34. Hebron (6): Boone Grove, Hebron, North Judson-San Pierre, North Newton, Rensselaer Central, Winamac Community. 35. Westview (6): Bremen, Central Noble, Fairfield, LaVille, Prairie Heights, Westview. 36. Eastside (6): Adams Central, Bluffton, Churubusco, Eastside, South Adams, Woodlan. 37. Wabash (6): Carroll (Flora), Lewis Cass, Manchester, Rochester Community, Wabash, Whitko. 38. Delphi (6): Clinton Prairie, Delphi Community, Fountain Central, Lafayette Central Catholic, Seeger, Western Boone. 39. Eastern (Greentown) (6): Blackford, Eastbrook, Eastern (Greentown), Madison-Grant, Taylor, Tipton. 40. Lapel (8): Alexandria Monroe, Elwood Community, Frankton, Lapel, Monroe Central, Muncie Burris, Wapahani, Winchester Community. 41. Centerville (5): Centerville, Hagerstown, Northeastern, Shenandoah, Union County. 42. Heritage Christian (6): Eastern Hancock, Heritage Christian, Indianapolis Scecina Memorial, Knightstown, Triton Central. 43. Cascade (6): Cascade, Covenant Christian (Indpls), Monrovia, Park Tudor, Speedway, University. 44. Southmont (5): Cloverdale, North Putnam, Parke Heritage, South Putnam, Southmont. 45. South Ripley (6): Milan, North Decatur, South Decatur, South Ripley, Southwestern (Hanover), Switzerland County. 46. Eastern (Pekin) (6): Austin, Clarksville, Crawford County, Eastern (Pekin), Henryville, Providence.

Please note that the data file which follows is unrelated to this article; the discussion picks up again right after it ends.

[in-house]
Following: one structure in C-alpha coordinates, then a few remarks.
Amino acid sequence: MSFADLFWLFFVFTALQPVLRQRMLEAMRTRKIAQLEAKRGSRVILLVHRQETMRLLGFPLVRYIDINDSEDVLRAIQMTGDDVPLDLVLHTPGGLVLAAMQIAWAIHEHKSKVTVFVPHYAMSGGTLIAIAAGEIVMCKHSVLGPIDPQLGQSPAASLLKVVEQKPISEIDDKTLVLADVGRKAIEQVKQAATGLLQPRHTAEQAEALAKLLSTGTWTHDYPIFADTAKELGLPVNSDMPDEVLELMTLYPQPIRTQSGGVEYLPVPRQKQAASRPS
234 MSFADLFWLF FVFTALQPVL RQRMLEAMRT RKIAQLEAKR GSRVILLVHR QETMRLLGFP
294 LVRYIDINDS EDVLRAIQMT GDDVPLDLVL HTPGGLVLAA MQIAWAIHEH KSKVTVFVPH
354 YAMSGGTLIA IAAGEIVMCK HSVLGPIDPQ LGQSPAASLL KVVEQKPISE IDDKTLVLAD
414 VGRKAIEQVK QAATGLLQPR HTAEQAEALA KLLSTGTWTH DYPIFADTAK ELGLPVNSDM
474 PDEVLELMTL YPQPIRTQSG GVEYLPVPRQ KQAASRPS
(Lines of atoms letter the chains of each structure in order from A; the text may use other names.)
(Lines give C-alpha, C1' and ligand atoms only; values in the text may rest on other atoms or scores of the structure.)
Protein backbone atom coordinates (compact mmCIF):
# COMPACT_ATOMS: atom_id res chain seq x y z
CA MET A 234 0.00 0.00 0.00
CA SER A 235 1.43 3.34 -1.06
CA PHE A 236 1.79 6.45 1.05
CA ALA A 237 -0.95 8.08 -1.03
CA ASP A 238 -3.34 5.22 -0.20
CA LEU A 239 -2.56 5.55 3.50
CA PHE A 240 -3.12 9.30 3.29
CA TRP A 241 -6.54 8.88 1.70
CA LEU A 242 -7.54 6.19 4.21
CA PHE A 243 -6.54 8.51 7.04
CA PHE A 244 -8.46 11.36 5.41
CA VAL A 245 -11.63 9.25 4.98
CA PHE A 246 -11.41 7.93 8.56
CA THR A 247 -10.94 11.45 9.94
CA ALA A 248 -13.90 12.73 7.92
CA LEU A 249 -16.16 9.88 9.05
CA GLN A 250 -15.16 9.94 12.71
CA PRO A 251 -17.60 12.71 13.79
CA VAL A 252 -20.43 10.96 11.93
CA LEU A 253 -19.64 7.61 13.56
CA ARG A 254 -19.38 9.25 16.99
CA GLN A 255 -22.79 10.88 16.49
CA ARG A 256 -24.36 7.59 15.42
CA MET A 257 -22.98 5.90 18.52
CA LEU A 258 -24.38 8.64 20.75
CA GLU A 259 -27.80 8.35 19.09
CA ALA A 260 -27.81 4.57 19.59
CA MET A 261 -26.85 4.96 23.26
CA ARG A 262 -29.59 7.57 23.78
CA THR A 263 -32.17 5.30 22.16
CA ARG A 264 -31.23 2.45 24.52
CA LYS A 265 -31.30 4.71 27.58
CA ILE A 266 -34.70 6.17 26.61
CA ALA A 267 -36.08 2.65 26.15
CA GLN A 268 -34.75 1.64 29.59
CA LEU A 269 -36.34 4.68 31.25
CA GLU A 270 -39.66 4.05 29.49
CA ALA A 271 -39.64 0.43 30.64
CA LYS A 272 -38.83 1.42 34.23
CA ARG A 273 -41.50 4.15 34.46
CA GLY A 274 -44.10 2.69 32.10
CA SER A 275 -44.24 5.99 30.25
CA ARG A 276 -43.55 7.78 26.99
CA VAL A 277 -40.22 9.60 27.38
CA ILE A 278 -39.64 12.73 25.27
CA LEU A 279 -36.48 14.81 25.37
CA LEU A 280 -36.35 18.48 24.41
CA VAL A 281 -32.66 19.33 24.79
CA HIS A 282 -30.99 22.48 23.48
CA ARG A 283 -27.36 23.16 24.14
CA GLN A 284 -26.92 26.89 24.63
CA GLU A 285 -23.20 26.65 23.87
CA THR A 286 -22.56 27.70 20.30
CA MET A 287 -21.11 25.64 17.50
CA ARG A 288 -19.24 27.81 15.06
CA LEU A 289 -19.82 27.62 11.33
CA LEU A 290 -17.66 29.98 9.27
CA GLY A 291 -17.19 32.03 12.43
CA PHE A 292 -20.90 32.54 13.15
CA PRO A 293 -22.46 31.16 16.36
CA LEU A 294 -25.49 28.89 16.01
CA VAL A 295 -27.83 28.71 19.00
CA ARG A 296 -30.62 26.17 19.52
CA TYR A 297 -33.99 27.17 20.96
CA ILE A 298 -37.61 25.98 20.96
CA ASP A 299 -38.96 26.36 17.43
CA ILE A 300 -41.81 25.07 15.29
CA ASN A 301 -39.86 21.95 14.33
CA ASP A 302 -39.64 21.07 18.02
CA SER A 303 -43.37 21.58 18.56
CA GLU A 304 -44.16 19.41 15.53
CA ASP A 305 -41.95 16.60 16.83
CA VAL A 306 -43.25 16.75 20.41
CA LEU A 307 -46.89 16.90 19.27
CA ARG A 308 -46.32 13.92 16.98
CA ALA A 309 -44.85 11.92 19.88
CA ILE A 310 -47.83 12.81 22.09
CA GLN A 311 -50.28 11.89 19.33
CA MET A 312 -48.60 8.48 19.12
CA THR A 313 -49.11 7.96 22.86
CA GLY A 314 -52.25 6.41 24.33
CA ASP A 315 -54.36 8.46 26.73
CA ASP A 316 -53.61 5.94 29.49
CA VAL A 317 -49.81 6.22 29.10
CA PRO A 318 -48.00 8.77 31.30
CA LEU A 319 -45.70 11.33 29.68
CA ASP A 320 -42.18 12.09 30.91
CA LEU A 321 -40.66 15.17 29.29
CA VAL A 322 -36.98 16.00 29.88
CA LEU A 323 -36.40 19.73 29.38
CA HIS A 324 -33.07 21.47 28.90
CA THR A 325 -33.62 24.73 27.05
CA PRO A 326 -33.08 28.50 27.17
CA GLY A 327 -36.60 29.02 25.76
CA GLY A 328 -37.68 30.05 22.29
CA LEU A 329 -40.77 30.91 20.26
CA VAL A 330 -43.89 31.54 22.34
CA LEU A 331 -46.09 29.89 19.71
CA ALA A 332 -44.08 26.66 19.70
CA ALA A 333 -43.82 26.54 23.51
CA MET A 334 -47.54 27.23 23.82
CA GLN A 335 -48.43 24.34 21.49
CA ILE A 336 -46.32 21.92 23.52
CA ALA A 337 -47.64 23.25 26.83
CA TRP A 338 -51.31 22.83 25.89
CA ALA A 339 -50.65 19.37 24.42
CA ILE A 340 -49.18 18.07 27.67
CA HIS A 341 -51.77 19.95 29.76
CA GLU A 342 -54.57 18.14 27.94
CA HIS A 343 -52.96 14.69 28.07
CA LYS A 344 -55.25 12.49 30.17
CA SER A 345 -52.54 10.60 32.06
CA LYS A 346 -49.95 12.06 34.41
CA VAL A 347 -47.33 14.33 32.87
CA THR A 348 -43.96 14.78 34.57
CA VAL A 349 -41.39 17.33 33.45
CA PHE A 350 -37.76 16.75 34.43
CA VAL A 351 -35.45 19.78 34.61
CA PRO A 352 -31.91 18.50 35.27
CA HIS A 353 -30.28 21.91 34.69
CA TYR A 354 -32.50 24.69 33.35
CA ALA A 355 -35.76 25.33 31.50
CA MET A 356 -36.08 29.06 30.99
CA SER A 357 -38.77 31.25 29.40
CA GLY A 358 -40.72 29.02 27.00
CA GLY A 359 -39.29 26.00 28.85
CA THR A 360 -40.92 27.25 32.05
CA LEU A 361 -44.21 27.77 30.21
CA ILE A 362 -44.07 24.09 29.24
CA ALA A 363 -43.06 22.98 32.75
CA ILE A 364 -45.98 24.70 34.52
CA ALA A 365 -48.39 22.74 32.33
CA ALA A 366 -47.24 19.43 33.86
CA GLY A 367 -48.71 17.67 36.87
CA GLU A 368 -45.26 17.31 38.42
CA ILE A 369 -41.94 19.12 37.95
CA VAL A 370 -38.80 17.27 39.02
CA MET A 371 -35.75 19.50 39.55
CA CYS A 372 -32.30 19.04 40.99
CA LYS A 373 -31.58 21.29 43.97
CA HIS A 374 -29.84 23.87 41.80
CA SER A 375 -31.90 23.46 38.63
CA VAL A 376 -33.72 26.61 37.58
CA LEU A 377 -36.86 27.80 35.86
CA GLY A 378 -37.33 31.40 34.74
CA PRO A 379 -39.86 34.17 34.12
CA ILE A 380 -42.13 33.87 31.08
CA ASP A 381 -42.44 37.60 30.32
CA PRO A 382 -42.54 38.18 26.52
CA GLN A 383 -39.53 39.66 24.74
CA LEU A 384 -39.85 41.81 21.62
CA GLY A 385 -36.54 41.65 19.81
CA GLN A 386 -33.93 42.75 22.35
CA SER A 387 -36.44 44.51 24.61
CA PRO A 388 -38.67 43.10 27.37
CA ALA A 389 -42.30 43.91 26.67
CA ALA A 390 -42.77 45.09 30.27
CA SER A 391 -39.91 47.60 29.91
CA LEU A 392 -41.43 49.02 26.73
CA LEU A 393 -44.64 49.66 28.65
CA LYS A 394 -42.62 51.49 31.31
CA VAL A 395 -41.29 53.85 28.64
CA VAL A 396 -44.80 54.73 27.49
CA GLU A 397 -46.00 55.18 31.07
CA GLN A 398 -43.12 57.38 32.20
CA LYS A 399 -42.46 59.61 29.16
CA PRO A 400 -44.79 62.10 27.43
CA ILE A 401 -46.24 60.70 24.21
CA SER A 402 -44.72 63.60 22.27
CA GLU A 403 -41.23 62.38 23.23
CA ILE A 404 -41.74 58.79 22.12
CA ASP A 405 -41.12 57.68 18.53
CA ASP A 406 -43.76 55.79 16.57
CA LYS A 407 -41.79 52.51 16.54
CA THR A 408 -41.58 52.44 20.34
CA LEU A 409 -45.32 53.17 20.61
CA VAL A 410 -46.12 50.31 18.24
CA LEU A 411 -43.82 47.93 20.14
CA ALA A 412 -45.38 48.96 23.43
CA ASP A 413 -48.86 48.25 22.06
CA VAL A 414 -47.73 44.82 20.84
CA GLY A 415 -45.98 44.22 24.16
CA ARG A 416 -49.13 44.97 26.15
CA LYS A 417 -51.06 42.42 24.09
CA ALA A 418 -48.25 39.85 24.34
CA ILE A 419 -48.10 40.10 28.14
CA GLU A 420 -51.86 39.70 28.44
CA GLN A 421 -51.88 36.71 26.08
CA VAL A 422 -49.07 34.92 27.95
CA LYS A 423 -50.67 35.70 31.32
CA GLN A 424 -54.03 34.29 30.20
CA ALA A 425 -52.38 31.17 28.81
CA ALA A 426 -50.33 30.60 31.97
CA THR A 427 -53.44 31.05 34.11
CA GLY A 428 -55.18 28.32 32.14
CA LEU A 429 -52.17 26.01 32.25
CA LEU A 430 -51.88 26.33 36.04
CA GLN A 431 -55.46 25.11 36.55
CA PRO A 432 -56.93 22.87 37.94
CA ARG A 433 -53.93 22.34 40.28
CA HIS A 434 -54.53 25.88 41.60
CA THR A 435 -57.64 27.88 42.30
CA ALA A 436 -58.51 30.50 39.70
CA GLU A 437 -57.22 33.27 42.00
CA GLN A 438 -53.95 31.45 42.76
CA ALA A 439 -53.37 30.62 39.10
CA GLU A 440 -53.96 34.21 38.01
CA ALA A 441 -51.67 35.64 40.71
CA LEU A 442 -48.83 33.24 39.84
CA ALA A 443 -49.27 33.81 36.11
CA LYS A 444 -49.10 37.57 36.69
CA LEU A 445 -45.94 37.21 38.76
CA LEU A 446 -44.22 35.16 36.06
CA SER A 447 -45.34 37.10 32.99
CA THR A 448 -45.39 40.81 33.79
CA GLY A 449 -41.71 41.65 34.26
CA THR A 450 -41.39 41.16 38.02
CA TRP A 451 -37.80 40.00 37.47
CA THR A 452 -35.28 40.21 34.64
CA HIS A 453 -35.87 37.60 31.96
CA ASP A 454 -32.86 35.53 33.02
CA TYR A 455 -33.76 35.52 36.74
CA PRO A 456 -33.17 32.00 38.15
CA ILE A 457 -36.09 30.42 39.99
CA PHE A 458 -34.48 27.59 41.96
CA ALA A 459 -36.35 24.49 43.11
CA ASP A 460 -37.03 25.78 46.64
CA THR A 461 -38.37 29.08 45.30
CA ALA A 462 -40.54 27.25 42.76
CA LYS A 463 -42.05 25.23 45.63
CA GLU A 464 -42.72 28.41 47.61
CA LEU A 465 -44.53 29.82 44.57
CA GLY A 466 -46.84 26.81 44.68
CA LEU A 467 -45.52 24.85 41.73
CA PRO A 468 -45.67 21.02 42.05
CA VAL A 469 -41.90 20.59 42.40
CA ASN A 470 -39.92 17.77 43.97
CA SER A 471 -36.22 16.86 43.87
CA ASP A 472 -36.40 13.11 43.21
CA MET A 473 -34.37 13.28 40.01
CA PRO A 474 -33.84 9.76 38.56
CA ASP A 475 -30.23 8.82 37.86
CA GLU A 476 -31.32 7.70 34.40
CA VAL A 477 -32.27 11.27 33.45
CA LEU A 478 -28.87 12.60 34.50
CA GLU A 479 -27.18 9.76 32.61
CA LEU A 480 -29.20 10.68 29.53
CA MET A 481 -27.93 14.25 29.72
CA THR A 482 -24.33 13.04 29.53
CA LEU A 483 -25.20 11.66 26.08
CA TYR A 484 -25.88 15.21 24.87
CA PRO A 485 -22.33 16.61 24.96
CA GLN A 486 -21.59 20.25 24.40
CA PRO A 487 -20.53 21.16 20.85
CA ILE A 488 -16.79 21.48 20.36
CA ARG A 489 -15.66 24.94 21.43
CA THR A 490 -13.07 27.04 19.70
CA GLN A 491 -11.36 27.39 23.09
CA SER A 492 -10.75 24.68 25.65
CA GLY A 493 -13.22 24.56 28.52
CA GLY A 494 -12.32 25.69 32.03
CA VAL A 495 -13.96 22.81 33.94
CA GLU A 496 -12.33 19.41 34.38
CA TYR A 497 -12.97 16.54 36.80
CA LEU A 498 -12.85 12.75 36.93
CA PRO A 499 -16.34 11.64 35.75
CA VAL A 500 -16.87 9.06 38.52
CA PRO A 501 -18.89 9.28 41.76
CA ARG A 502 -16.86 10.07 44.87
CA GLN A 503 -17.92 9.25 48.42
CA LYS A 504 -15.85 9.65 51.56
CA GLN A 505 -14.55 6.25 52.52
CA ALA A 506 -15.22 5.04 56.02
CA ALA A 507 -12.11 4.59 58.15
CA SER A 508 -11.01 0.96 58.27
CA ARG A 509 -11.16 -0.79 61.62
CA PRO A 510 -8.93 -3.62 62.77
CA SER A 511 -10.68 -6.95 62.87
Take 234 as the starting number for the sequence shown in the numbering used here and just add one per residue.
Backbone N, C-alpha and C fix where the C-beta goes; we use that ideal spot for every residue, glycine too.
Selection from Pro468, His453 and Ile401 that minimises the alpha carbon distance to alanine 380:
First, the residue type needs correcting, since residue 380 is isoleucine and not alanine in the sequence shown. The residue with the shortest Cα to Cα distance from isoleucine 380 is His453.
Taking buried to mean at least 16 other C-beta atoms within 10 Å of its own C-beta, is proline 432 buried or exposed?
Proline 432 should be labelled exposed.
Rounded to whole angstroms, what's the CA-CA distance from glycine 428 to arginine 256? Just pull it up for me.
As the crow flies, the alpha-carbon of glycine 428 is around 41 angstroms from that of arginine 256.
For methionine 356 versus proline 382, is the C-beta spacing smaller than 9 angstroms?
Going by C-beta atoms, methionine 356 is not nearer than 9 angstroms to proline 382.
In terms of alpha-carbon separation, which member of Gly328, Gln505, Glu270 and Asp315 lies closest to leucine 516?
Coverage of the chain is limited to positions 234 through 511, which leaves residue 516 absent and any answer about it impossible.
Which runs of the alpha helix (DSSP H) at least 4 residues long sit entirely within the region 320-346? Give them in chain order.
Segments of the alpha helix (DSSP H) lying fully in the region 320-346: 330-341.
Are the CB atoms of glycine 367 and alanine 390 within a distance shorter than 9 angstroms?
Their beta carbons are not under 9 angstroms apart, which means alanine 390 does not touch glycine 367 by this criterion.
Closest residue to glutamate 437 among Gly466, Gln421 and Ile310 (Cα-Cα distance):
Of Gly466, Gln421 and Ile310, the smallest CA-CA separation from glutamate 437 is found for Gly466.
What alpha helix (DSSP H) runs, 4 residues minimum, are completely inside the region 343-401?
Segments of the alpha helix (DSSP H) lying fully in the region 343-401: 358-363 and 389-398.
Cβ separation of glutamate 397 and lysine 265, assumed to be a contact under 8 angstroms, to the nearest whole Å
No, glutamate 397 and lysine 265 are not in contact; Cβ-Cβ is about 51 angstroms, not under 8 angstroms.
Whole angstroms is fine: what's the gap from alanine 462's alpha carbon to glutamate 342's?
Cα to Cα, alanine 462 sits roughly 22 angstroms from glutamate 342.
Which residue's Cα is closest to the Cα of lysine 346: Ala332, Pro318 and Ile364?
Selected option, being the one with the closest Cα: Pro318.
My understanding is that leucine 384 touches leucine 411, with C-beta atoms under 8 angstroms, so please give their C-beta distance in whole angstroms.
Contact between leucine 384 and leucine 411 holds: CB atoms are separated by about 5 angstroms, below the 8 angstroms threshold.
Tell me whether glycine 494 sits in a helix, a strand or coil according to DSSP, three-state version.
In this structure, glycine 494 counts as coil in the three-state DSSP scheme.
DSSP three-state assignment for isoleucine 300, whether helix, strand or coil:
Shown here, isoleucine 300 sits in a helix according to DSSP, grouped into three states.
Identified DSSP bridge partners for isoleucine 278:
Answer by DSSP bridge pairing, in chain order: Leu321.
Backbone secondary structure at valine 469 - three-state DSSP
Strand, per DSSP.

47. Mitchell (6): Eastern Greene, Linton-Stockton, Mitchell, North Knox, Paoli, South Knox. 48. Tell City (6): Evansville Mater Dei, Forest Park, North Posey, Perry Central, South Spencer, Tell City.
Class 1A 49. Washington Township (8): 21st Century Charter-Gary, Covenant Christian (DeMotte), Hammond Academy of Science & Technology, Kouts, Marquette Catholic, Morgan Township, Washington Township, Westville.